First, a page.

Written June 2014
For nearly five years I lived on the beach in Gulf Shores, Alabama, and many a day I looked out from my condo on the Gulf of Mexico, and if I looked closely, I could almost see them, the ghosts of pirates. I could see them burying treasure, and if I tried real hard I could see a ship on the horizon, a ghost ship of one of the pirates of the gulf. Maybe not, but at least I could gaze out and see the same scene that they must have viewed as they buried their treasures in the lily white sands. Some historians say that the oldest residences along the gulf coast are descendants of pirates. The popular entertainer, Jimmy Buffet vows that he Is a descendant of the pirates since he was born and raised on the gulf coast. Maybe he is, maybe he’s not. Who’s to say? Let us travel back in time, way back and think about those enchanting fables of the pirates of the gulf. They were tales as tall as their ships. Stories of great sailing vessels and legends of treasures galore. The kind of stories that brings a thirst for adventure to your heart and perhaps even a tear to your eye. Tales of brave and daring pirates, and accounts of their perils that were often written in blood. Stories of notorious pirates with nothing but the wind in their sails and visions of doubloons and pieces of eight in their dreams. Tales of treasure, both hidden and lost. Four hundred years ago the brave Spanish explorers, known as the conquistadors, sailed the same seas that lie off the coast of Alabama, Florida, Louisiana, and Texas. They were explorers like Ponce De Leon who discovered and named Florida, Hernando de Soto and Herman Cortes who conquered the Mayans, the Incas and the Aztecs taking control of their enormous cashes of gold and silver, and precious gems, mostly plundered from the halls of Montezuma, the famed Aztec emperor. From the 1500s to the 1700s the Spanish colonized Mexico, and the gulf coast. Settlements like Tampa and Pensacola, Florida and San Padre Island, Texas. Thus began the golden era of the pirates of the gulf. These pirates preyed on the Spanish Galleons transporting their treasures back to Spain, and the Spanish merchant ships bringing goods to the American seaports on the Gulf of Mexico. Down through the years Hollywood has portrayed pirates with handsome actors like Errol Flynn, Burt Lancaster, and Johnny Depp, and glamorized their exploits. The fact is, more than likely their faces were pocked marked from small pox and yellow fever, and leathery brown seared by the scorching sun and hewn by the wrath of the relentless salty sea winds. Instead of dashing heroes, wielding swords, they were actually cut throat killers and blood thirsty robbers of the sea. Pirating was dangerous, and it is true that some had wooden peg legs, eye patches, and even hooks for a hand, for many sustained injuries and many lost their lives in their quest for treasures. The parrot thing, some say is a myth, but never the less very few of them were able to retire to the shade of a palm tree. Many were killed and some were hanged, but the pirates were the closest thing to the Navy Seals of their day. They could out fight, out shoot, and out sail anybody. Pirating was a lucrative profession even for the lowly deck hands, and their leaders amassed enormous fortunes, and yes it’s true they did bury their treasure. Those were the days before the Swiss bank accounts, and the only way they could protect their plunder was to hide it, and it was not uncommon for one pirate to steal from another. Millions of dollars worth of treasure was hidden, it’s whereabouts taken to the grave by the pirate who buried it. Some has been found, but most has not. It is written that often a treasure chest was brought to shore by a pirate and two deck hands, with the pirate returning to the ship in his row boat alone with a treasure map tucked away in his pocket. That’s why you see illustrations with skeletons with treasure chests. All historians agree that pirates never bought their ships, they stole them. Their ships were usually smaller and faster than the larger trade ships and Spanish galleons. Unfound treasures still remain deep beneath the surface of the gulf of Mexico in ship wrecks never discovered. Over the centuries thousands of ships have sunk to the bottom of the deep Gulf of Mexico. So remember, as you walk the alabaster sands of the gulf, looking for that pristine sea shell, a treasure may be right beneath your feet. Time after time pirates died or were killed before they could come back to retrieve their treasures. So far, all my books have chapters that deal with adventures at sea. My first book The Falcon Force has adventures involving The Mississippi River, the Gulf of Mexico, and Lake Pontchatrain in New Orleans. My second book, Command Plan, features some exciting episodes on Lake Michigan. My third book, Jack Slade and the Unreliable Witness, features Lake Tahoe and a fictitious lake in the Adirondacks My fourth book, Jack Slade the Psychic Detective is akin to a treasure hunt as Jack Slade’s psychic visions reveal little clues along the way. It’s the second book of a trilogy, and yes it has adventures on the water. My fifth book, Jack Slade The Last Vision is book three of the Jack Slade Trilogy. It begins with a harrowing experience on Lake Superior in Duluth, Minnesota, and ends with nail biting danger filled missions on the Louisiana Gulf coast and the Mississippi River near New Orleans.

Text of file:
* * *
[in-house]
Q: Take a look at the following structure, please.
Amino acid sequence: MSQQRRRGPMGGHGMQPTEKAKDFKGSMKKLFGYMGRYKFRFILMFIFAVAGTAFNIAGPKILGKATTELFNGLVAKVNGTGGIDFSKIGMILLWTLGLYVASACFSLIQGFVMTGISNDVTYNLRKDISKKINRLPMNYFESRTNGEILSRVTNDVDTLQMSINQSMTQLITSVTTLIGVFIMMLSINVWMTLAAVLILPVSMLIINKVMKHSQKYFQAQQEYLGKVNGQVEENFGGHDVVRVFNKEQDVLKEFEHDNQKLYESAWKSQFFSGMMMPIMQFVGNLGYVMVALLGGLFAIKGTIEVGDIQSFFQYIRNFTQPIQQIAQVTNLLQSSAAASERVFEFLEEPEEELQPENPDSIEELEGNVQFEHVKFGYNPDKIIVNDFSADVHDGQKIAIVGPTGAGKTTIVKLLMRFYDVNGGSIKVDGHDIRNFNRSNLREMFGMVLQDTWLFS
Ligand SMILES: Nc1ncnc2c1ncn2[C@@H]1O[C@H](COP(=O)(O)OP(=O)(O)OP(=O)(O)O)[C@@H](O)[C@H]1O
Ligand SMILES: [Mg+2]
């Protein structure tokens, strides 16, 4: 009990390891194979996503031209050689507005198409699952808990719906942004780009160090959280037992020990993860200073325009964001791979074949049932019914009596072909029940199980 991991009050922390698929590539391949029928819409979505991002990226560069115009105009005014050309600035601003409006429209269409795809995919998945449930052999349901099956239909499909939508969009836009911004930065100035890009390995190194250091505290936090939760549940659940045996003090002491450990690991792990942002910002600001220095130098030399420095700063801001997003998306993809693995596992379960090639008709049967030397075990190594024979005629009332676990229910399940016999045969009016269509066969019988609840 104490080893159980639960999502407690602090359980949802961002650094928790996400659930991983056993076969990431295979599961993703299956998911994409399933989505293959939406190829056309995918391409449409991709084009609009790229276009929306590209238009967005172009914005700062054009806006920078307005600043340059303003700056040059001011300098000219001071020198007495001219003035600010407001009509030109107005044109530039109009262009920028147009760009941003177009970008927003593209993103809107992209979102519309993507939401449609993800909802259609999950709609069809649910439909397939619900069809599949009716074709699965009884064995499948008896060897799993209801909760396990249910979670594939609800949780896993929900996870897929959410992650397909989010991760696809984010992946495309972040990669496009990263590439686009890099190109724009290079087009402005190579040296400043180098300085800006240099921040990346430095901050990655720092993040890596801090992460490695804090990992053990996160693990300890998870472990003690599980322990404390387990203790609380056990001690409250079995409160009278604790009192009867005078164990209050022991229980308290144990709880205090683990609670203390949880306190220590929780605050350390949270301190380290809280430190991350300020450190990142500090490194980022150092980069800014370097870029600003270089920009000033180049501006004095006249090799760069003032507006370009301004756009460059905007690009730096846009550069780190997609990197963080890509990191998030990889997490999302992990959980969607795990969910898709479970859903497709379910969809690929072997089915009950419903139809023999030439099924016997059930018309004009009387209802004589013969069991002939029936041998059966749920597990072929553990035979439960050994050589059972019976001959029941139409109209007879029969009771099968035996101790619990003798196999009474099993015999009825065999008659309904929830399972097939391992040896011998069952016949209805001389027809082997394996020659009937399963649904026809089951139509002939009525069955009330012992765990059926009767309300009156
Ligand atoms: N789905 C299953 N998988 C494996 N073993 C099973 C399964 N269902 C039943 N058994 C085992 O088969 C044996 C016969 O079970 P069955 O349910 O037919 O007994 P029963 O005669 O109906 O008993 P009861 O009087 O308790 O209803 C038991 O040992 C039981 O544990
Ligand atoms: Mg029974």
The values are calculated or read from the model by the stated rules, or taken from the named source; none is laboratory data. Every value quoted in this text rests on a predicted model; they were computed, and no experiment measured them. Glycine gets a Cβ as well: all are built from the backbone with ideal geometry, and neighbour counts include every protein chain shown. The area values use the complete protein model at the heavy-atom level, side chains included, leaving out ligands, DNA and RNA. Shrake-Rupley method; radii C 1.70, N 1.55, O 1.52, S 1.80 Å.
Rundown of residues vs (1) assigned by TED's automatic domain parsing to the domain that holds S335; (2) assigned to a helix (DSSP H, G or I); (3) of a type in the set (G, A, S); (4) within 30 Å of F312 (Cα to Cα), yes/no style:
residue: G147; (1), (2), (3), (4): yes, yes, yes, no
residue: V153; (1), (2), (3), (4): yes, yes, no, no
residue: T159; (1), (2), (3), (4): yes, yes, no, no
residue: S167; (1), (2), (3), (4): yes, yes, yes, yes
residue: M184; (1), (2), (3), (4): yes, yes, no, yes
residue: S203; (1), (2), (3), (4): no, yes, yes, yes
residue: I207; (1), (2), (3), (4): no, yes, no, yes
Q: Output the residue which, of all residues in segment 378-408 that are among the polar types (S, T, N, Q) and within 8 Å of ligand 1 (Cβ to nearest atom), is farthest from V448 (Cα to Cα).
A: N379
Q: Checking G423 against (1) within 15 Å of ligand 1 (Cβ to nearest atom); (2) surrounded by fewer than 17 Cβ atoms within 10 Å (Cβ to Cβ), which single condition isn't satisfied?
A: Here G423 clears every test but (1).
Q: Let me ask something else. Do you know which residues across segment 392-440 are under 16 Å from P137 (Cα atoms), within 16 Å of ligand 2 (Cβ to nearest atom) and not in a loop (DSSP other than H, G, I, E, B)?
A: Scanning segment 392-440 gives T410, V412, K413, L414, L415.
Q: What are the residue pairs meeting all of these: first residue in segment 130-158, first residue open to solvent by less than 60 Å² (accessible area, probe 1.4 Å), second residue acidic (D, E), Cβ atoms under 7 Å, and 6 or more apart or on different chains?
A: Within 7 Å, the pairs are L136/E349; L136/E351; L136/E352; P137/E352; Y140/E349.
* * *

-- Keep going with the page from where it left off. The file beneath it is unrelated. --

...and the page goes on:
CLICK ON LINK TO SEE ALL MY BOOKS https://www.amazon.com/C.-Smith/e/B00PG6UWK6/ref=dp_byline_cont_book_1